Iraqi cleric in big polls win
Former Prime Minister Nouri al-Maliki looked set to have the next largest win among Shia parties, initial results showed.
Iraq’s Shia groups have dominated governments and government formation since the US-led invasion of 2003 that toppled Sunni dictator Saddam Hussein and catapulted the Shia majority and the Kurds to power.
Sunday’s election was held several months early, in response to mass protests in 2019 that toppled a government and showed widespread anger against political leaders whom many Iraqis say have enriched themselves at the expense of the country. But a record low turnout suggested that a vote billed as an chance to wrest control from the ruling elite would do little to dislodge sectarian religious parties in power since 2003.
A count based on initial results from several provinces plus the capital Baghdad, verified by local government officials, suggested Sadr had won more than 70 seats, which if confirmed could give him considerable influence in forming a Government.
However, Sadr’s group is just one of several that will have to enter negotiations to form a coalition capable of dominating parliament and forming an administration, a period of jockeying for position that may take weeks or longer.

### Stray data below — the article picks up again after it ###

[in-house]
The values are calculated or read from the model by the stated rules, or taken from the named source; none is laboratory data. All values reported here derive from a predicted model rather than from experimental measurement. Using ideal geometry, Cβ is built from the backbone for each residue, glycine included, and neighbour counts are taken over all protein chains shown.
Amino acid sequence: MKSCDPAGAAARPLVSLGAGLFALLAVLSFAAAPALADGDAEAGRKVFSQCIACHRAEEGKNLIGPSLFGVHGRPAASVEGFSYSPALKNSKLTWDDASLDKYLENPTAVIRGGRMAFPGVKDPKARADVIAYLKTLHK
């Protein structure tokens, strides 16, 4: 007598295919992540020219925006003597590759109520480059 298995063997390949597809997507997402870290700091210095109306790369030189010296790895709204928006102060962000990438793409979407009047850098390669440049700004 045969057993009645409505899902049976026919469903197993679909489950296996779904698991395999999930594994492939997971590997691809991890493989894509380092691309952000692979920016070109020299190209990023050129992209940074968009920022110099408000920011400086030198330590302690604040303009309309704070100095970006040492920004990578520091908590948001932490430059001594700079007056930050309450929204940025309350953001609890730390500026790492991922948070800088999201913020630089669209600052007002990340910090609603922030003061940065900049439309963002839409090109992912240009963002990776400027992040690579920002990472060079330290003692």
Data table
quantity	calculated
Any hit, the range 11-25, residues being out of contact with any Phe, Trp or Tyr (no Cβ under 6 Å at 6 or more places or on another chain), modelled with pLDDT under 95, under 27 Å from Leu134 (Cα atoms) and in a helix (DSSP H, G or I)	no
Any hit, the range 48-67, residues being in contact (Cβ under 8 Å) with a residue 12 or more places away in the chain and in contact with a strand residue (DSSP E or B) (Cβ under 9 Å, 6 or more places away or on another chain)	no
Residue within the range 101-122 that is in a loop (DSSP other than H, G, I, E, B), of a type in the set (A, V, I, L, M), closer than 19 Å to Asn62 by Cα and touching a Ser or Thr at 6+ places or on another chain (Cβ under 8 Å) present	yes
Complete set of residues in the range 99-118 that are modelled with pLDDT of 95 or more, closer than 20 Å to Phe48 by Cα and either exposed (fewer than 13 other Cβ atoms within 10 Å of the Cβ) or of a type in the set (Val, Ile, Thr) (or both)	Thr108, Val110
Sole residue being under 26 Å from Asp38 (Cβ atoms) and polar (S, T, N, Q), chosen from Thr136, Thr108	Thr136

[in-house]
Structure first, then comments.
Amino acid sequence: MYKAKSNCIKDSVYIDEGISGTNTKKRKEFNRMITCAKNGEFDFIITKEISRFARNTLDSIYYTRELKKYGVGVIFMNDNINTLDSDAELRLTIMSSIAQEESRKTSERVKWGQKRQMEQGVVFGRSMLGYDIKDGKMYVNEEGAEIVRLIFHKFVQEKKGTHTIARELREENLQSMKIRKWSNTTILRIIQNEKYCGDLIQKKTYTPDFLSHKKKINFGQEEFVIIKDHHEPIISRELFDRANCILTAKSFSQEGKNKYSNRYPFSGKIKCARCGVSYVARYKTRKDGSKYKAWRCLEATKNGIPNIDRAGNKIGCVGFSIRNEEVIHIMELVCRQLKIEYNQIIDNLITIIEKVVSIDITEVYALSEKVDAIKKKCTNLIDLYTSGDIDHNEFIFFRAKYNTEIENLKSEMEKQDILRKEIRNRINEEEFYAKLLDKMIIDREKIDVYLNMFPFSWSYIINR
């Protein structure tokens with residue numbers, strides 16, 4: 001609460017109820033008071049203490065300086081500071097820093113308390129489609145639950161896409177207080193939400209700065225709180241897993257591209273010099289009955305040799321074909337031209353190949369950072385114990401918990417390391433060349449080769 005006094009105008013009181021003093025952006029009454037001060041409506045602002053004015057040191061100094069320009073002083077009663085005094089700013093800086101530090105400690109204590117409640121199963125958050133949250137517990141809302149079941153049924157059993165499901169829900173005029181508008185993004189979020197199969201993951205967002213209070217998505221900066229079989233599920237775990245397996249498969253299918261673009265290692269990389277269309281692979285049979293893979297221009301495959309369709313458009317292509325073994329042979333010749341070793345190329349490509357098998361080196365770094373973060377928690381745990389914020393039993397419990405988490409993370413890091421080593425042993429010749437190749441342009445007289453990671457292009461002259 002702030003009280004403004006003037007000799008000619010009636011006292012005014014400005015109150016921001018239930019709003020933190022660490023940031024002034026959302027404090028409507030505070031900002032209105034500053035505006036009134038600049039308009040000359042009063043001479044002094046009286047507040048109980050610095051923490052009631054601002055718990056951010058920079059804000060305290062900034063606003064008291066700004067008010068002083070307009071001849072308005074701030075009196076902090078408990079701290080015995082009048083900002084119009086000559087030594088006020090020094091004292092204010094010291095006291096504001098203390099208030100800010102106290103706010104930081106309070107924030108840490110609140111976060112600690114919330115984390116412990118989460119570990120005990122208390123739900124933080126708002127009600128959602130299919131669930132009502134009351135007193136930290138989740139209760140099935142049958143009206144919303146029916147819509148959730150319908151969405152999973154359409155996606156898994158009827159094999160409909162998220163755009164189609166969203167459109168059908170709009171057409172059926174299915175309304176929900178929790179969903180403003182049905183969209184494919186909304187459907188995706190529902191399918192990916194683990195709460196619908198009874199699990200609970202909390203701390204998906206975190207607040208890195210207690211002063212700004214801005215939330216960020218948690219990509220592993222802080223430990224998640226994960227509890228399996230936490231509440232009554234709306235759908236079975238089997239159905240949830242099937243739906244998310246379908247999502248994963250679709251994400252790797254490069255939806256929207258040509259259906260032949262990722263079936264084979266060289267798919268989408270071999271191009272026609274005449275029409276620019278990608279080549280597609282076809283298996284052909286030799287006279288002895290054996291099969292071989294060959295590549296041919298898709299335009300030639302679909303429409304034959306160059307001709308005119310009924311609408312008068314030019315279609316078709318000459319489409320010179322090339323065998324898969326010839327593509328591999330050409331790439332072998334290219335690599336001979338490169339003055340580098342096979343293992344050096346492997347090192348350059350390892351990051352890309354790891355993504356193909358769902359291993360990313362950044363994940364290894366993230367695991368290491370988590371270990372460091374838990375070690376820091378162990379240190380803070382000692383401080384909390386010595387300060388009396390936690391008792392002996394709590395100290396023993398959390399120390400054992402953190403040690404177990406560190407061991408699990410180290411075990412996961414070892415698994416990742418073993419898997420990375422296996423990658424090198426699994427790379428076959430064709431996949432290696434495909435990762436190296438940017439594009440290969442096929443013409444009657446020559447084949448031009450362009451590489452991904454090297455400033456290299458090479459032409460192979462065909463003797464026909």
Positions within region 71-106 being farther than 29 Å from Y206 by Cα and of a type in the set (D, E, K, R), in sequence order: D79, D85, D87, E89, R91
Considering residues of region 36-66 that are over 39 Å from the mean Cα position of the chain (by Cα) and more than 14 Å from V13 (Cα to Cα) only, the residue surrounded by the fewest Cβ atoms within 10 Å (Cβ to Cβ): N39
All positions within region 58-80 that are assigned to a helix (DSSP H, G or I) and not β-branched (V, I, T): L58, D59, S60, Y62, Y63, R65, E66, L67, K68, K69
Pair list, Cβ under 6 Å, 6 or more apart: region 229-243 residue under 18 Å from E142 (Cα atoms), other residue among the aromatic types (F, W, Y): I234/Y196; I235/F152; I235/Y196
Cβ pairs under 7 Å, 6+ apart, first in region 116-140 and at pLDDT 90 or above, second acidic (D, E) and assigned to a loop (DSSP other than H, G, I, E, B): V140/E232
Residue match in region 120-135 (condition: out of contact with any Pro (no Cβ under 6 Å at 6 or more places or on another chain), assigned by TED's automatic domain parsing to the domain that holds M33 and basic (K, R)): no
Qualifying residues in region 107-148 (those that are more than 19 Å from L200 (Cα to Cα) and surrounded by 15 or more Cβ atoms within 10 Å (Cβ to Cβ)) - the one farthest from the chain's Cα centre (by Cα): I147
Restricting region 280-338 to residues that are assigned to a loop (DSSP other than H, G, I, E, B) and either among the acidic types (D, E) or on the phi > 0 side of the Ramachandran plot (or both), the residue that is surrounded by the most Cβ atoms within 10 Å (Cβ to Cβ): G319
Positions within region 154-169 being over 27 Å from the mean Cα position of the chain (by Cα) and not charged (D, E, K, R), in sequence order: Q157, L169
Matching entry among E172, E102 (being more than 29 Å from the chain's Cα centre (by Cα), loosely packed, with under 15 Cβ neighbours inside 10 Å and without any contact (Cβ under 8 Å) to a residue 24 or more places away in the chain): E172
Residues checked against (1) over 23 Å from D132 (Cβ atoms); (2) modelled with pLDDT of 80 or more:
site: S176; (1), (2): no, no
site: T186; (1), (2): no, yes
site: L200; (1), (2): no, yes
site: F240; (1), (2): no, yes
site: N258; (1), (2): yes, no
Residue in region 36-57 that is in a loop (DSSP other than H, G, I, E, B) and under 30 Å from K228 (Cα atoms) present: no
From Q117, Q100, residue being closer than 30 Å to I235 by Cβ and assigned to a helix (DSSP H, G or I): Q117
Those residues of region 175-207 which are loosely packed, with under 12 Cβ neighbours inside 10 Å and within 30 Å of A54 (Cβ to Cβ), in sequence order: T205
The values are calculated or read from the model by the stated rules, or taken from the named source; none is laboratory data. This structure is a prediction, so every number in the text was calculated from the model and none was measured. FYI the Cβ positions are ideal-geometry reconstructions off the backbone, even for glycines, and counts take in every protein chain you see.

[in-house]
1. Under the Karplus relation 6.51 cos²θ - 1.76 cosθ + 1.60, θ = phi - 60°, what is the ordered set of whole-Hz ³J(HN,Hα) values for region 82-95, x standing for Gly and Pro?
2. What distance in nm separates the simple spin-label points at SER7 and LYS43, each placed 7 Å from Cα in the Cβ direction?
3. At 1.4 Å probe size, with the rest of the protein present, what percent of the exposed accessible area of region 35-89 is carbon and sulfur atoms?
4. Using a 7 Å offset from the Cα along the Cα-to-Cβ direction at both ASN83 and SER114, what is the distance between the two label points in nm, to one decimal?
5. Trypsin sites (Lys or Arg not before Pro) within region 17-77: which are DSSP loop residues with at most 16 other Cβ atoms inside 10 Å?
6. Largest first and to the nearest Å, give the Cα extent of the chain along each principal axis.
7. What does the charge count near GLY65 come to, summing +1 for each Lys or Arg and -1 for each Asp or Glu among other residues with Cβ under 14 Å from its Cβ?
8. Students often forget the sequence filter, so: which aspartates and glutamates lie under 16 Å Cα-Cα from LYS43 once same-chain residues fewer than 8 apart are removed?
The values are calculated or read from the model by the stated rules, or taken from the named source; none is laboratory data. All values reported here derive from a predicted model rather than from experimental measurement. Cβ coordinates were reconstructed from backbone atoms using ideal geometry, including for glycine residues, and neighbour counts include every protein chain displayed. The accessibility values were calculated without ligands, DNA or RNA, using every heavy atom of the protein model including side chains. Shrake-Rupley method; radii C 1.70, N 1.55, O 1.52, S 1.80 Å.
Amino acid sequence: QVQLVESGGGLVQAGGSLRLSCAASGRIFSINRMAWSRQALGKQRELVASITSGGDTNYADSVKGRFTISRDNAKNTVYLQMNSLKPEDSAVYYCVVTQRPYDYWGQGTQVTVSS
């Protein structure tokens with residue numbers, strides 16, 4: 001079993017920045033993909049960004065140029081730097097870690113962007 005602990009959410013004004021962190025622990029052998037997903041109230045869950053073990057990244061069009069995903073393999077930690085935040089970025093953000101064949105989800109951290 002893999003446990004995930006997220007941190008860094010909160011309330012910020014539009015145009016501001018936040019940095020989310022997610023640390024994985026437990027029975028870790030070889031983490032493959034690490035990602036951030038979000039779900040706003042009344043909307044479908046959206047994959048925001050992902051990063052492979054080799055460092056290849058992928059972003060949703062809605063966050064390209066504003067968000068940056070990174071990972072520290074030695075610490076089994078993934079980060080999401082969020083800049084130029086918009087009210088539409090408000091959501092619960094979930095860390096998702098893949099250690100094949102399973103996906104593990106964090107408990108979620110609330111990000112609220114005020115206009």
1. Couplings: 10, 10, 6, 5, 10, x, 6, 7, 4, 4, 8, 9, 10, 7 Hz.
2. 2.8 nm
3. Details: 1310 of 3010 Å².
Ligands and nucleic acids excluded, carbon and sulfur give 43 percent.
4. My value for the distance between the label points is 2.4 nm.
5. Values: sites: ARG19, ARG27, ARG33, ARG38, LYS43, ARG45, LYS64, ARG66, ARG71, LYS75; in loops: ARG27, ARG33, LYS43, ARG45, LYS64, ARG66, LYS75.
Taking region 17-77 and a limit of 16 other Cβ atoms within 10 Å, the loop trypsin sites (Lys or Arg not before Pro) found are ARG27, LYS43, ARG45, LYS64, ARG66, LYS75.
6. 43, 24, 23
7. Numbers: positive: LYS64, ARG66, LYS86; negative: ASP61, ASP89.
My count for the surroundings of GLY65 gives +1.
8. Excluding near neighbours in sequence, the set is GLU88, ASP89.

Sadr broadcast a live speech on state TV claiming victory and promising a nationalist government free of foreign interference.
Sadr has increased his power over the Iraqi state since coming first in the 2018 election where his coalition won 54 seats.
The result on Monday is not expected to dramatically alter the balance of power in Iraq or in the wider region.
The official turnout figure of just 41% suggested the vote had failed to capture the imagination of the public, especially younger Iraqis who demonstrated in huge crowds two years ago.
– THE TELEGRAPH INDIA